A few days ago two Sussex MPs raised the same theme with the same Government Minister. They are both MPs whose Constituencies have significant coastal elements but they are only two of the 11 MPs that cover the Sussex coast. These two MPs are Caroline Ansell from Eastbourne and Nick Gibb from Bognor Regis and Littlehampton. They should be working together but their questions took place in three different moments within the House of Commons, albeit on the same day. Along with Caroline and Nick, what would make stronger calls would be them working together along with the following MPs. Gillian Keegan is West of Nick, and then Peter Bottomley and Tim Loughton are on the East part of West Sussex. Peter Kyle, Caroline Lucas and Lloyd Russell-Moyle cover the whole of Brighton and Hove. Then in East Sussex there is Maria Caulfield, Huw Merriman and Sally-Ann Hart. If all 11 of these Sussex MPs were willing to work together to discuss the Sussex Coast, our community would obtain a much stronger sense of how the Government will respond and 11 MPs would make a much stronger call.
The questions from Caroline Ansell took place here and she was raising the same initial question as another MP, Anna Firth from Southend. However their initial questions were not the focus on Sussex. They both asked “What steps he is taking to support coastal communities.” Rebecca Pow answered that question and then Caroline followed it up with
Who knew we had seahorses off the coast of Eastbourne? This is my perfect moment. I thank my hon. Friend for her answer on the excellent work that is being done on water quality—that is clearly of massive significance to me—and on the coastal defence scheme; Eastbourne is set to potentially receive £100 million to protect the town for 100 years. But my question is about sewage and waste treatment. The sea, and all it affords, is our greatest visitor asset in Eastbourne and highly valued by local people. I recently met my local swimmers—a very hardy crew that includes one cross-channel swimmer. They are concerned about waste treatment because they so enjoy their swimming. What reassurance can my hon. Friend give them about the new powers in the Environment Act 2021 that will address this, but equally about Government-sponsored local action that will improve storm overflows and surface water, and help to take us from “good” to “excellent” status for our bathing water?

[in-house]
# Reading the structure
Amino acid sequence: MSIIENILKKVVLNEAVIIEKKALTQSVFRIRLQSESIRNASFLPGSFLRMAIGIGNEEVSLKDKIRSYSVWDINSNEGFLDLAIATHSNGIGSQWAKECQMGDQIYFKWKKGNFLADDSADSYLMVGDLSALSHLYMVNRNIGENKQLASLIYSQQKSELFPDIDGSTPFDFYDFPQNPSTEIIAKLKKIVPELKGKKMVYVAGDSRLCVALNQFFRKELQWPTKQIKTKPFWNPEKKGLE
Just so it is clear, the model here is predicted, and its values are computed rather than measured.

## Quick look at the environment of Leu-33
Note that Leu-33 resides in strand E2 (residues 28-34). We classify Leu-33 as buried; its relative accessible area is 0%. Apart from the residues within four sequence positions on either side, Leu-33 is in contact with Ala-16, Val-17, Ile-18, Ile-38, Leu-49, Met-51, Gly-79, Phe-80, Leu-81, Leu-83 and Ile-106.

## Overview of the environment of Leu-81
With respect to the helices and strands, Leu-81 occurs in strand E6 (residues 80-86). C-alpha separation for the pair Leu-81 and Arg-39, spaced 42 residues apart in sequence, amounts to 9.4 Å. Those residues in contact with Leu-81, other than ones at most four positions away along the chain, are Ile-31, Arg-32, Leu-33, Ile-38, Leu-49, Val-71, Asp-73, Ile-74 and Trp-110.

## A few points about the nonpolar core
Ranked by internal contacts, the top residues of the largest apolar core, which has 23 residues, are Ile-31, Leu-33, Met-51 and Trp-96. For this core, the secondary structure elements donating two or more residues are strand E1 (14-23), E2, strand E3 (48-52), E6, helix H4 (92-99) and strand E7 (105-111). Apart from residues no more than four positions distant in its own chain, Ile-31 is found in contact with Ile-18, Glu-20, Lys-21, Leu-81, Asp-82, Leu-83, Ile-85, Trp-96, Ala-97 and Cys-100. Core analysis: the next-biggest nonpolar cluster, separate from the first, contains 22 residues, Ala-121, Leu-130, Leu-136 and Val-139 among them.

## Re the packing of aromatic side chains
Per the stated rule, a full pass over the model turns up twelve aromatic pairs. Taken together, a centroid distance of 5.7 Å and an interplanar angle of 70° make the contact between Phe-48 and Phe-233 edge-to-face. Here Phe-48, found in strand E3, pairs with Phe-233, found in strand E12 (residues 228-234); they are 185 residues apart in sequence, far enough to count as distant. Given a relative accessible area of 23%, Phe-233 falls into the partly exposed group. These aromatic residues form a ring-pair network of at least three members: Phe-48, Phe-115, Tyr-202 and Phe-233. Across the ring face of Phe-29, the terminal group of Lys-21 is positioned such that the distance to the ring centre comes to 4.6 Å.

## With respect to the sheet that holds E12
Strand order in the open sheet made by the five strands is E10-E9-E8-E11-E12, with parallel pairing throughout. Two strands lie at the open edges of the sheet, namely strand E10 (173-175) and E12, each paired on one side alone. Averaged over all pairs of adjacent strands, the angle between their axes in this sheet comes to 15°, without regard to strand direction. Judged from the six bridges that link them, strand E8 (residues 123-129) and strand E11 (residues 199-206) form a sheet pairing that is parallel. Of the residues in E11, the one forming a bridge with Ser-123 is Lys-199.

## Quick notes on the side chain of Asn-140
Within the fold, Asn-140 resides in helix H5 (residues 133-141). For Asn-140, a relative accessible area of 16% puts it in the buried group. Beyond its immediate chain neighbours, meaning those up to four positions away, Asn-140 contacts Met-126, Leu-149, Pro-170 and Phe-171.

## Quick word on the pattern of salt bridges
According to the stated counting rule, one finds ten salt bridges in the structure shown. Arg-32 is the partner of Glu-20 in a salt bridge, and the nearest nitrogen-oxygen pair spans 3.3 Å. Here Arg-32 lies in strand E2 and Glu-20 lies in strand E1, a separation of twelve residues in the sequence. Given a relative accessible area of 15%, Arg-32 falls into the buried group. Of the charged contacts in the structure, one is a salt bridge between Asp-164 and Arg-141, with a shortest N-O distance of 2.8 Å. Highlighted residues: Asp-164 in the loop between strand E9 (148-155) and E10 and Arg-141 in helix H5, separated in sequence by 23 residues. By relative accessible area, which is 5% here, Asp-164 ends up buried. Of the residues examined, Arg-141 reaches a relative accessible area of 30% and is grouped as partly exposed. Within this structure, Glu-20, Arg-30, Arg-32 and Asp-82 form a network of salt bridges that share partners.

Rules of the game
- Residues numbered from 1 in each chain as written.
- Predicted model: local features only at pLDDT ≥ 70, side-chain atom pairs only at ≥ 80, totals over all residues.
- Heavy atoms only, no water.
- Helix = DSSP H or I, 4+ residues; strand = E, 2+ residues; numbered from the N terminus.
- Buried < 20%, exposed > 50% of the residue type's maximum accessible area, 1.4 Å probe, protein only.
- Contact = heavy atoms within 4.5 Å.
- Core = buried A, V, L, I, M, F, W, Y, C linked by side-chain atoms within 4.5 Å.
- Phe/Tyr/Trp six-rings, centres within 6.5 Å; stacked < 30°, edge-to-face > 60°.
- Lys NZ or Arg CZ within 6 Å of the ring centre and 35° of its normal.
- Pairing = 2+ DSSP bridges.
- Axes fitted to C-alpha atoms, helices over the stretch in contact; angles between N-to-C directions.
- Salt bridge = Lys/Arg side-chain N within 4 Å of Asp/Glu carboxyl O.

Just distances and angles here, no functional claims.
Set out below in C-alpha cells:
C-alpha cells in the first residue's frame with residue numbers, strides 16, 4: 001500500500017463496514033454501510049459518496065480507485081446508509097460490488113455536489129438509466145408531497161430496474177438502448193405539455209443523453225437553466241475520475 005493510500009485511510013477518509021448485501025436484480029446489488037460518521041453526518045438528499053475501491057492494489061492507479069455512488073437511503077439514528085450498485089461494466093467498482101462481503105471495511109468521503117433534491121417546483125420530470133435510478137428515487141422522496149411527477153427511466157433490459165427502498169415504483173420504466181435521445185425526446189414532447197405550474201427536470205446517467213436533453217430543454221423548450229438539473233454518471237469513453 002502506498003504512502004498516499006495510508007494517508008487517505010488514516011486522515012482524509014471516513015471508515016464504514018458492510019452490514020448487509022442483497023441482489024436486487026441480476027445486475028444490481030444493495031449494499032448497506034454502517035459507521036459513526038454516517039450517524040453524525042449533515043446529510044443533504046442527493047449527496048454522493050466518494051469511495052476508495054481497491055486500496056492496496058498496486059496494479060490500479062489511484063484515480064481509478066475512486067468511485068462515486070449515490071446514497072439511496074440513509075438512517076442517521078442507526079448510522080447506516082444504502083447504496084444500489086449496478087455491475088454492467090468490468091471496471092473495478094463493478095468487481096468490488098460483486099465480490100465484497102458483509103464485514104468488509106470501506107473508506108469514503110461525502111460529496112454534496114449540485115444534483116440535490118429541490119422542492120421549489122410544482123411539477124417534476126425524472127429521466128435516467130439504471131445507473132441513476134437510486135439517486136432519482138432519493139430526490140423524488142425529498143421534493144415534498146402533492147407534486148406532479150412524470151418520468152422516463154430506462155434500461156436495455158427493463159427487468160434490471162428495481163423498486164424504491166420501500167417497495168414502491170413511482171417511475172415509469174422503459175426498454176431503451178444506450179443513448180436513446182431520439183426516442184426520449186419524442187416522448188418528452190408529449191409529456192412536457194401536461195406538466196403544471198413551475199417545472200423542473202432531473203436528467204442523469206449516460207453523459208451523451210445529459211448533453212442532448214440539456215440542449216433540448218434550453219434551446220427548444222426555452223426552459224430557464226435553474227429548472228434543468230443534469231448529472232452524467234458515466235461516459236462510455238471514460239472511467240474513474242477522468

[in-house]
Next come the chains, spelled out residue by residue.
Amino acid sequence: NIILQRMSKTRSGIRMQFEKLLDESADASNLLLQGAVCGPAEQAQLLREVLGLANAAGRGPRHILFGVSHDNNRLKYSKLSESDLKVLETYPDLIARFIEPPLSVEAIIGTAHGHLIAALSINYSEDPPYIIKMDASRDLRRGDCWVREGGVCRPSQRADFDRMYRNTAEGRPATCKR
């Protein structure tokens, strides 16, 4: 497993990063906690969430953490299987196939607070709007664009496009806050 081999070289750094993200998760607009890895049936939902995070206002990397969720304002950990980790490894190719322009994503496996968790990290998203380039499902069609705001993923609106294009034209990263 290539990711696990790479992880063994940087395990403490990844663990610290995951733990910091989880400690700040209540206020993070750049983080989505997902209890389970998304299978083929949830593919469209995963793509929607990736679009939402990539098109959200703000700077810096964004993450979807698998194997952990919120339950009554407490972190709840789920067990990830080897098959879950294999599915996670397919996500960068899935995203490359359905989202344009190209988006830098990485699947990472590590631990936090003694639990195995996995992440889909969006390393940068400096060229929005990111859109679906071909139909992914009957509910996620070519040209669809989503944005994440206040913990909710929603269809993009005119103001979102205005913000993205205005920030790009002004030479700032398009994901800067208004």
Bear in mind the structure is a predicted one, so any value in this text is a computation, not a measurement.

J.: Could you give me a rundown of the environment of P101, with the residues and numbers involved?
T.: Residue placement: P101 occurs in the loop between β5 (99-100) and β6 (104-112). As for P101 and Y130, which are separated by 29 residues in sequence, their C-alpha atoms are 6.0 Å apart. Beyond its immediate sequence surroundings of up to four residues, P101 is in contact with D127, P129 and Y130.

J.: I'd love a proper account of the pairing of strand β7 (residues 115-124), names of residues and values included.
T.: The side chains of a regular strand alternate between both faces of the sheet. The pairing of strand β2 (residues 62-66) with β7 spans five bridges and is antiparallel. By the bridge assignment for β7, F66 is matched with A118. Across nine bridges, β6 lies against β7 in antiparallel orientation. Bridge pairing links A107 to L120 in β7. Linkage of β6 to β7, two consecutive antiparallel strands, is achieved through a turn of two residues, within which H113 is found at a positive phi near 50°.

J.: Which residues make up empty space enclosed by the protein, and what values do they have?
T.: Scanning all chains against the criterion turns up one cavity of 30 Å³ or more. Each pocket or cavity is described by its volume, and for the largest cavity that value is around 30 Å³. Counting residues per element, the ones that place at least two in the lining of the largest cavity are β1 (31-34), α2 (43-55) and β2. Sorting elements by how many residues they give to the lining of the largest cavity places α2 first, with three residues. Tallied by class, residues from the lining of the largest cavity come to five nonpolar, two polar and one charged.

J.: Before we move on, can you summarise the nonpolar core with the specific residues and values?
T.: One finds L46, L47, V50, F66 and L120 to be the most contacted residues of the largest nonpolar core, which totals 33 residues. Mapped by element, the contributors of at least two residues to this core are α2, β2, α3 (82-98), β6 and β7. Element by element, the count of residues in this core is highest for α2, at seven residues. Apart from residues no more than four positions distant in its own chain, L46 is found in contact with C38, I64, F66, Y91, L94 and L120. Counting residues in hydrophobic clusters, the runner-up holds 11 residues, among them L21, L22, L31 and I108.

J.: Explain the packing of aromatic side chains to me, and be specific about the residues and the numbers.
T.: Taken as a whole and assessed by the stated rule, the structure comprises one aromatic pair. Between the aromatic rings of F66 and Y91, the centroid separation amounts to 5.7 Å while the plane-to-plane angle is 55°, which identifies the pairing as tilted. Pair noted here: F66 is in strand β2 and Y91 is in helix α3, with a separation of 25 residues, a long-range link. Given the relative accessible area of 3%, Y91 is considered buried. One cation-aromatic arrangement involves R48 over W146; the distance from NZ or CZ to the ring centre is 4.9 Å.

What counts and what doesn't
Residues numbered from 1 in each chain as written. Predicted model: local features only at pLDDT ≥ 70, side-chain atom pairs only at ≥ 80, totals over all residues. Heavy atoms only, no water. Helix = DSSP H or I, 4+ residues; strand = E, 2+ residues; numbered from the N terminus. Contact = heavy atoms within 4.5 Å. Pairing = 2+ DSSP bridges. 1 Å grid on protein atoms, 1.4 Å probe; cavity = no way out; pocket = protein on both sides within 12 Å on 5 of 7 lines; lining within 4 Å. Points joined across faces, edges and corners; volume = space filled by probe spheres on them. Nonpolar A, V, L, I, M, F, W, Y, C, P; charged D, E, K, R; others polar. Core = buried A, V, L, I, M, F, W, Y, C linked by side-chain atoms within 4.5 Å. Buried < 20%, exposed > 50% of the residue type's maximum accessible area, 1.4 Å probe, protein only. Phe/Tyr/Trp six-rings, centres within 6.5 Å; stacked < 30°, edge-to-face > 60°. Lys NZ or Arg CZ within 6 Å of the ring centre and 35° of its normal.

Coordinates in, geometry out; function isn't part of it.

One of the Questions that Nick Gibb raised had a similar connection but he was speaking at a different time on the same day. His question took place here and it was
To ask the Secretary of State for Environment, Food and Rural Affairs, what recent discussions he has had with representatives of Southern Water on sewage discharges in West Sussex.
Nick Gibb also raised a similar theme here in a much wider question session and his question was
According to Southern Water’s own figures, between 27 December 2021 and 6 January 2022, for 236 hours untreated wastewater was discharged from the Lidsey sewage treatment plant into the Lidsey Rife en route to the sea. That is 24 hours a day for 10 consecutive days. The final draft of “The government’s strategic priorities for Ofwat” states that the Government expect water companies to
“significantly reduce the frequency and volume of sewage discharges from storm overflows.”
Can the Minister confirm—
Perhaps we could call on our Sussex MPs to work together occasionally – after all many of us work with people in Sussex and we often focus on the whole of Sussex. We need MPs to do the same.